The New Lord Of The Rings Movie Will Explore Gollum's Psychology

How do you craft an entirely new story about a character that we've seen depicted throughout one of the most famous movie trilogies of all time — especially when one of those movies already laid out his origin story in its opening 10 minutes? Since I'm not a studio executive desperate to keep one of their biggest cash cows going with the recently-announced "The Lord of the Rings: The Hunt for Gollum" film, I'm in the fortunate position of not having to be the one to provide answers to such burning questions. But for those with much more personal stakes involved in this unexpected new journey, namely producer Peter Jackson and returning star-turned-director Andy Serkis, this conundrum only made them all the more excited to sink their teeth into the IP's biggest live-action project since "The Hobbit" trilogy.

Only days after the news first broke and incited all sorts of breathless speculation among fans, the main decision makers are speaking up to clear the air about exactly what fans can expect from a "Gollum" movie. While talking to Deadline, Jackson and Serkis offered up their thoughts on a concept that is still in its very early stages of development. That means specific details remain hard to come by, but the two at least provide some intriguing hints in the broadest of strokes. For one thing, Jackson reassures fans that they'll be taking their cues from the best possible source:

"We really want to explore [Gollum's] backstory and delve into those parts of his journey we didn't have time to cover in the earlier films. It's too soon to know who will cross his path, but suffice to say we will take our lead from Professor Tolkien."

While the "backstory" quote may raise eyebrows, it appears Gollum's "psychology" will take center stage.

Why make a Gollum movie now?

There's no denying that even Peter Jackson's original trilogy only scratched the surface of J.R.R. Tolkien's books, but is there really that much more to be mined from the source material with regards to Gollum? We attempted to answer that very question in our own breakdown for /News, but that's precisely what returning writer Philippa Boyens, co-writer of "The Lord of the Rings" and "The Hobbit" trilogies (along with Fran Walsh, who'll also help pen the script for the "Gollum" film), hopes to address this time around.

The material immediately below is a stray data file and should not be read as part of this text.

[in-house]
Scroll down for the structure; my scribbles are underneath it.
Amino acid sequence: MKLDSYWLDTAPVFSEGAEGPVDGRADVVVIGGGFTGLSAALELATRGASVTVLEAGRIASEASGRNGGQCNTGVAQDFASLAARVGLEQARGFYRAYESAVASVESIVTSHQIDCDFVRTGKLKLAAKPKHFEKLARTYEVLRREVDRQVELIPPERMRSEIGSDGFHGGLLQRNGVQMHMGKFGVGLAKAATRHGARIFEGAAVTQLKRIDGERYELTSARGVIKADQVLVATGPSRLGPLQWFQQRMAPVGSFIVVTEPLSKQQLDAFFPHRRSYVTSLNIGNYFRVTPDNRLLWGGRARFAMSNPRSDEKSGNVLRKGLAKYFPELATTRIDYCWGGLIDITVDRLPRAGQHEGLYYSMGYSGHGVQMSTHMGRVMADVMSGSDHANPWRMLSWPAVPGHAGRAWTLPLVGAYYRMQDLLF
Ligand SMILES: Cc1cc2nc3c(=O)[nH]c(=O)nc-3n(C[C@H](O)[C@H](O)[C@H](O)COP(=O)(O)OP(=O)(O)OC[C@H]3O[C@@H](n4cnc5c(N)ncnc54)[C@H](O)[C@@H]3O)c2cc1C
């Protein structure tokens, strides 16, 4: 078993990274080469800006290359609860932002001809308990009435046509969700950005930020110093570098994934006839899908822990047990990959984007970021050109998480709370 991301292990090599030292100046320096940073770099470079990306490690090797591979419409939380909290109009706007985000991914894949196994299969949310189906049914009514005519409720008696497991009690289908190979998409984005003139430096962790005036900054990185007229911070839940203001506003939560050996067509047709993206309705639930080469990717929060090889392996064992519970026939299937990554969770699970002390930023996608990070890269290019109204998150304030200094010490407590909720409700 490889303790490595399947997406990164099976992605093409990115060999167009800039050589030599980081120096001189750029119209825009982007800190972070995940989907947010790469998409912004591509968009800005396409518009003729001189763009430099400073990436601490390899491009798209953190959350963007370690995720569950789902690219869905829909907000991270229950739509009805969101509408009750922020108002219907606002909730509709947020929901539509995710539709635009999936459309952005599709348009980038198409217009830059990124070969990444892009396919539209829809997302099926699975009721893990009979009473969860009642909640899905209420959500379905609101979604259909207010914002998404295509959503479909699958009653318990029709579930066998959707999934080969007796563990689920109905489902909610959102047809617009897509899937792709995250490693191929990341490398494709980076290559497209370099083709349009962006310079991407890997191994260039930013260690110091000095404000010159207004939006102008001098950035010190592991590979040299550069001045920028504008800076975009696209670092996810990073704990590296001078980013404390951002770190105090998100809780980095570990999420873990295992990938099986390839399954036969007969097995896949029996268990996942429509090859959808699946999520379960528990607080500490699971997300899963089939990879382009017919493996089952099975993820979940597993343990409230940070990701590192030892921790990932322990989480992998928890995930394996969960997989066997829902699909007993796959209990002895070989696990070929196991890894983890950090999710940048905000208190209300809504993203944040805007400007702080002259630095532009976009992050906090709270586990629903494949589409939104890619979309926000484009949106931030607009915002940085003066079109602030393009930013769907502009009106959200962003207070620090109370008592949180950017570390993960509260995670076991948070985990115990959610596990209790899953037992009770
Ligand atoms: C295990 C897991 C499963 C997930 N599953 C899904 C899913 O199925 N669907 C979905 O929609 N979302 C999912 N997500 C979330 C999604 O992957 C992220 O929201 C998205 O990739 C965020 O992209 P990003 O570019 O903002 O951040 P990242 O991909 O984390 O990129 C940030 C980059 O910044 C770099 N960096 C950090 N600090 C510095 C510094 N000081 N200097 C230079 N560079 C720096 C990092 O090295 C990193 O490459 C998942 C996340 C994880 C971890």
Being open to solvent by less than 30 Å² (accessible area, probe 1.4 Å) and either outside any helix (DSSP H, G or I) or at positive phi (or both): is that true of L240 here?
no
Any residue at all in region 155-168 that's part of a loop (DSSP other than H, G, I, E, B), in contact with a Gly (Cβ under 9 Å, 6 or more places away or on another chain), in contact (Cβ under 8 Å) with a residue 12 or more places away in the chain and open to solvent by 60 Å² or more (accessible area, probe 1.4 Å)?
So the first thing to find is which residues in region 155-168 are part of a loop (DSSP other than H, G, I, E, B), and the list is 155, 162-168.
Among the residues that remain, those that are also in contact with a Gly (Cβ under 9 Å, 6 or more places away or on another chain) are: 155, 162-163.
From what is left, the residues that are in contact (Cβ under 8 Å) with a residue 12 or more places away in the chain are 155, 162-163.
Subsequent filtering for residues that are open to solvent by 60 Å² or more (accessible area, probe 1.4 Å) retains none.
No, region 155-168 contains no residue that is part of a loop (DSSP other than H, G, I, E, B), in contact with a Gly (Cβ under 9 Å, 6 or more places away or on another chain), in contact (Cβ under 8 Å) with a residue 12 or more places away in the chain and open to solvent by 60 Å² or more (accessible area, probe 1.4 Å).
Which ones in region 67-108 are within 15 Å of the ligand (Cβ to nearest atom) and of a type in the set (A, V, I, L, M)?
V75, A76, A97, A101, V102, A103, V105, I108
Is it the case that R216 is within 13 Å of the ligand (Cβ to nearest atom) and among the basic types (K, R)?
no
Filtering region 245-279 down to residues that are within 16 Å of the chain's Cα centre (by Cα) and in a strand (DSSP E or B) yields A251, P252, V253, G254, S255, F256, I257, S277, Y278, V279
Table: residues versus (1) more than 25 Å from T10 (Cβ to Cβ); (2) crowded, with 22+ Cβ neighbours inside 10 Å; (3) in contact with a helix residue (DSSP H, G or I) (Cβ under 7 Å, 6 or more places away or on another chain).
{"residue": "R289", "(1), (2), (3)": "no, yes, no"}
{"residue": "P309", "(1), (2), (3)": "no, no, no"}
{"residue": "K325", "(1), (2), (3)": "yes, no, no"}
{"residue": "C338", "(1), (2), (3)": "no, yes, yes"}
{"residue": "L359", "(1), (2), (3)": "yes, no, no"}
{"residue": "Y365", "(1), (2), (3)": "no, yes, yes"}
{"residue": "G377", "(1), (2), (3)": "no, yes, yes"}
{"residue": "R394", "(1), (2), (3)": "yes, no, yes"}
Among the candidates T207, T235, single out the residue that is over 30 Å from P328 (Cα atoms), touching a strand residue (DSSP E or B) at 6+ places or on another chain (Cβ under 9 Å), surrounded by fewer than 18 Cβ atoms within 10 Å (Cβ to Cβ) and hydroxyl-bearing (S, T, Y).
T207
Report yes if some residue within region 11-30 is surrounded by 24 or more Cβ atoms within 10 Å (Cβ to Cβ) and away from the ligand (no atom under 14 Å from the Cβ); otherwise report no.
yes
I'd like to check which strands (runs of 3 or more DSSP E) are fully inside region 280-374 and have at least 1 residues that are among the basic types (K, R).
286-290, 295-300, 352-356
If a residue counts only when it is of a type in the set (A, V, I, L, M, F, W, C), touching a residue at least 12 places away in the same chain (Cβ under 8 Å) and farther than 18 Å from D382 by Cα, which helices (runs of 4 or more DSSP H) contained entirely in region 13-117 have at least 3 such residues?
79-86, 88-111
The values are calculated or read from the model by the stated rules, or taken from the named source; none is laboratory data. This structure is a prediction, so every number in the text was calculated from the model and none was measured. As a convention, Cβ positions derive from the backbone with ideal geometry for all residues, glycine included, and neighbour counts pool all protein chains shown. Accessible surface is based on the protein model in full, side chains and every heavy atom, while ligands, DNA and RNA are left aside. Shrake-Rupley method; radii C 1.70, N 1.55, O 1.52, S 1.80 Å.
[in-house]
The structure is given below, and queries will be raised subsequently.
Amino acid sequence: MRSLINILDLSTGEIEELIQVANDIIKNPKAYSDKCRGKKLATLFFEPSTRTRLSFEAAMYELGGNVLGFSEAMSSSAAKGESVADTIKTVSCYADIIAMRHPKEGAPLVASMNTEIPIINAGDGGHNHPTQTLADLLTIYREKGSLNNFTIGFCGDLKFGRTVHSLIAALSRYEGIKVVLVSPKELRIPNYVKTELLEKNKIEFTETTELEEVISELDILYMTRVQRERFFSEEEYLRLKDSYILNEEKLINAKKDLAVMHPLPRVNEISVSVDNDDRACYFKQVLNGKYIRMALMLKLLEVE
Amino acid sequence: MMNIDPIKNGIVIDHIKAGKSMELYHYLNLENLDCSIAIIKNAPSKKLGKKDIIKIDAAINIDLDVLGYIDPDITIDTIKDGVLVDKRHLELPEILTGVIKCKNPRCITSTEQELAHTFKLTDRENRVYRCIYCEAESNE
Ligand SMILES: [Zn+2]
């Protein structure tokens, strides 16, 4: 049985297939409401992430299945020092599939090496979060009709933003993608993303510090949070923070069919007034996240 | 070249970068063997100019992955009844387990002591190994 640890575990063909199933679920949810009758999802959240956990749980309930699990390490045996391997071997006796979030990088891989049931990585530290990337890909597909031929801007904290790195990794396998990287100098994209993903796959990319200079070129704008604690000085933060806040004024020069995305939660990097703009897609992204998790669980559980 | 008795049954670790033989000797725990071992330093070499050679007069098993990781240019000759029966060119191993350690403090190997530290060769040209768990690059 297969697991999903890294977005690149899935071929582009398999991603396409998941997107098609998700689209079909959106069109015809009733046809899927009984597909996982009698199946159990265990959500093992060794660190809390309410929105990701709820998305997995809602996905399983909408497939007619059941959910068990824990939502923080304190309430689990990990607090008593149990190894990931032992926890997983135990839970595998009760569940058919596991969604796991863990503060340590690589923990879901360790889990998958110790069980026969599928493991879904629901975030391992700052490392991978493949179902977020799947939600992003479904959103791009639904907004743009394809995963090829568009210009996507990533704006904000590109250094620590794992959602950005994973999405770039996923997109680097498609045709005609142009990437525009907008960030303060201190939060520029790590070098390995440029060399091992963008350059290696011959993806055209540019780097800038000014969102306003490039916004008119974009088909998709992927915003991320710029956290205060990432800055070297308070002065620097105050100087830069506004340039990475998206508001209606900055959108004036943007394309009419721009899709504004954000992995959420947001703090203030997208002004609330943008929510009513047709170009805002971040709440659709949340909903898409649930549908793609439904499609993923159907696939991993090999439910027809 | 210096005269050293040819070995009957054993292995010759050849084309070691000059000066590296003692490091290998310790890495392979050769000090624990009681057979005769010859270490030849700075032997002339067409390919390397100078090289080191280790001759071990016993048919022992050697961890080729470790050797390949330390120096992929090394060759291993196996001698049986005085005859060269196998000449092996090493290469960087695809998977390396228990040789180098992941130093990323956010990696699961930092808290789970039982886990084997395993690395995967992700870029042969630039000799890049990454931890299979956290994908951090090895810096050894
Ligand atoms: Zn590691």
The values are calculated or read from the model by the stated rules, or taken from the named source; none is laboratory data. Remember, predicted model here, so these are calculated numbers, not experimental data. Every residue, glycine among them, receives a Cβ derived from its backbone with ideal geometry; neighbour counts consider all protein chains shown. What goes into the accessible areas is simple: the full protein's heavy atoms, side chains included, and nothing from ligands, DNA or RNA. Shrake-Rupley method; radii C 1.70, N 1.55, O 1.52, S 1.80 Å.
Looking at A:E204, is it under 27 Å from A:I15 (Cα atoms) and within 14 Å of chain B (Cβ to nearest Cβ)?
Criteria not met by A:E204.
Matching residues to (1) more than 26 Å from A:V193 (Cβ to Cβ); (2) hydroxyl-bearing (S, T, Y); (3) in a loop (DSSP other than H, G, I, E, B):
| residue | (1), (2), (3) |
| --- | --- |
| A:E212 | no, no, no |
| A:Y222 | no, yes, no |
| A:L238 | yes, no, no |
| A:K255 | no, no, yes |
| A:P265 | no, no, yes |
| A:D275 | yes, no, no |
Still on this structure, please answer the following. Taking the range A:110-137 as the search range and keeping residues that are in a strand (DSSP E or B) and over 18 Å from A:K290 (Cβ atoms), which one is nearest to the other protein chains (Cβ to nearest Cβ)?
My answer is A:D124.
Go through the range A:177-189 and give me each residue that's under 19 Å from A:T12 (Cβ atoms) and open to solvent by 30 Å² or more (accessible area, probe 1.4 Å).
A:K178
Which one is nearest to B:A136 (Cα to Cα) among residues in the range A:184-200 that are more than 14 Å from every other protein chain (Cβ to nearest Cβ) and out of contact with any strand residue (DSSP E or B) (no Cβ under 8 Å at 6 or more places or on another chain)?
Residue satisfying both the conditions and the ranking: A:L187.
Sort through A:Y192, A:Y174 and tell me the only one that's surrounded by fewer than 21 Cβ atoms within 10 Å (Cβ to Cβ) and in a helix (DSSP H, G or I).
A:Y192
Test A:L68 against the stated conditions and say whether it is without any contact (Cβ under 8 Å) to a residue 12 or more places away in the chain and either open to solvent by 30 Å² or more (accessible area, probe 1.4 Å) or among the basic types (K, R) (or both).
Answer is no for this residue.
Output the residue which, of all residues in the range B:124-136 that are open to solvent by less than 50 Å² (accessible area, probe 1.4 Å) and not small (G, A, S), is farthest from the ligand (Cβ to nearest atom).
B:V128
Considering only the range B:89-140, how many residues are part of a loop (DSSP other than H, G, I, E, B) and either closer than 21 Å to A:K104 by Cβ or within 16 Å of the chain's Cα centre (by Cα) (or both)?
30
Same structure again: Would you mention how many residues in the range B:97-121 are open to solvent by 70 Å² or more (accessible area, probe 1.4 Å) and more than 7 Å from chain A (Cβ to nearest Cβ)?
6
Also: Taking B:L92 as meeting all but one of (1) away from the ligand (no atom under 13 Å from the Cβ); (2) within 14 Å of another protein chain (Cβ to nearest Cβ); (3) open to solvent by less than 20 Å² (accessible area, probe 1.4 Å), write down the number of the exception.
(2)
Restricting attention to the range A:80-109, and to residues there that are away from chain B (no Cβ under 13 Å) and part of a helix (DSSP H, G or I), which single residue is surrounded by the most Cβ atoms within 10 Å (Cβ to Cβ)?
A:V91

In fact, this particular tale was always at the top of the list for Boyens if she ever came back to this sandbox. As she told Deadline, "Gollum's story is one of the most compelling to us in terms of a character that we couldn't go as deeply into as we wanted to before ... Gollum's life span takes place in such an interesting period of Middle-earth. When the question was first asked, this was the first story we thought of." That's all well and good, but there's also the billion-dollar oliphaunt in the room: How will this measure up to the heights of what came before? According to Boyens, this new film simply must stand on its own:

"...what we don't want this film to be is just the fourth film in the trilogy. This film has to work in its own way. And that's our job. That's what we are going to have to be able to do. I know there's plenty of people out there who will be like, 'Oh no, why are they doing this? Why are they going back in?' Well, that's our job. Our job is going to have to be to prove why we think that it's a good idea."

The Hunt for Gollum will explore his psychology

At his core, Gollum was just a funny little guy who enjoyed raw fish and had fine taste in jewelry. He didn't do anything wrong! Okay, that might be a slight oversimplification of a character with far more layers than audiences may have first assumed, but apparently there's even more complexity and nuance hiding in that bald head of his yet to be uncovered. Whatever the case may be, we can expect this story to have director Andy Serkis' fingerprints all over it. After mentioning that the character of Gollum has always remained near and dear to his heart over the decades, Serkis told Deadline exactly how he intends to approach such a memorable figure in Middle-earth lore ... all while making this feel unique within the overall franchise:

"It's absolutely thrilling to be able to go back and do a deep dive into his world again, and specifically into [Gollum's] psychology. I know we're all interested in investigating on a deeper level who that character is, and on top of that, to be able to direct and hopefully create a film which has its place within the canon, but also something that's fresh and new and a different approach."

Based on Serkis' work on the underappreciated "Mowgli: Legend of the Jungle" and even "Venom: Let There Be Carnage" (not to mention his second-unit directing on "The Hobbit" trilogy), the actor and filmmaker appears ready to take the next step with his biggest and most daunting production yet. Even if some purists might feel a certain amount of skepticism about this approach to new "The Lord of the Rings" movies, Serkis is clearly following his own vision.

"The Hunt for Gollum" is scheduled to arrive sometime in 2026.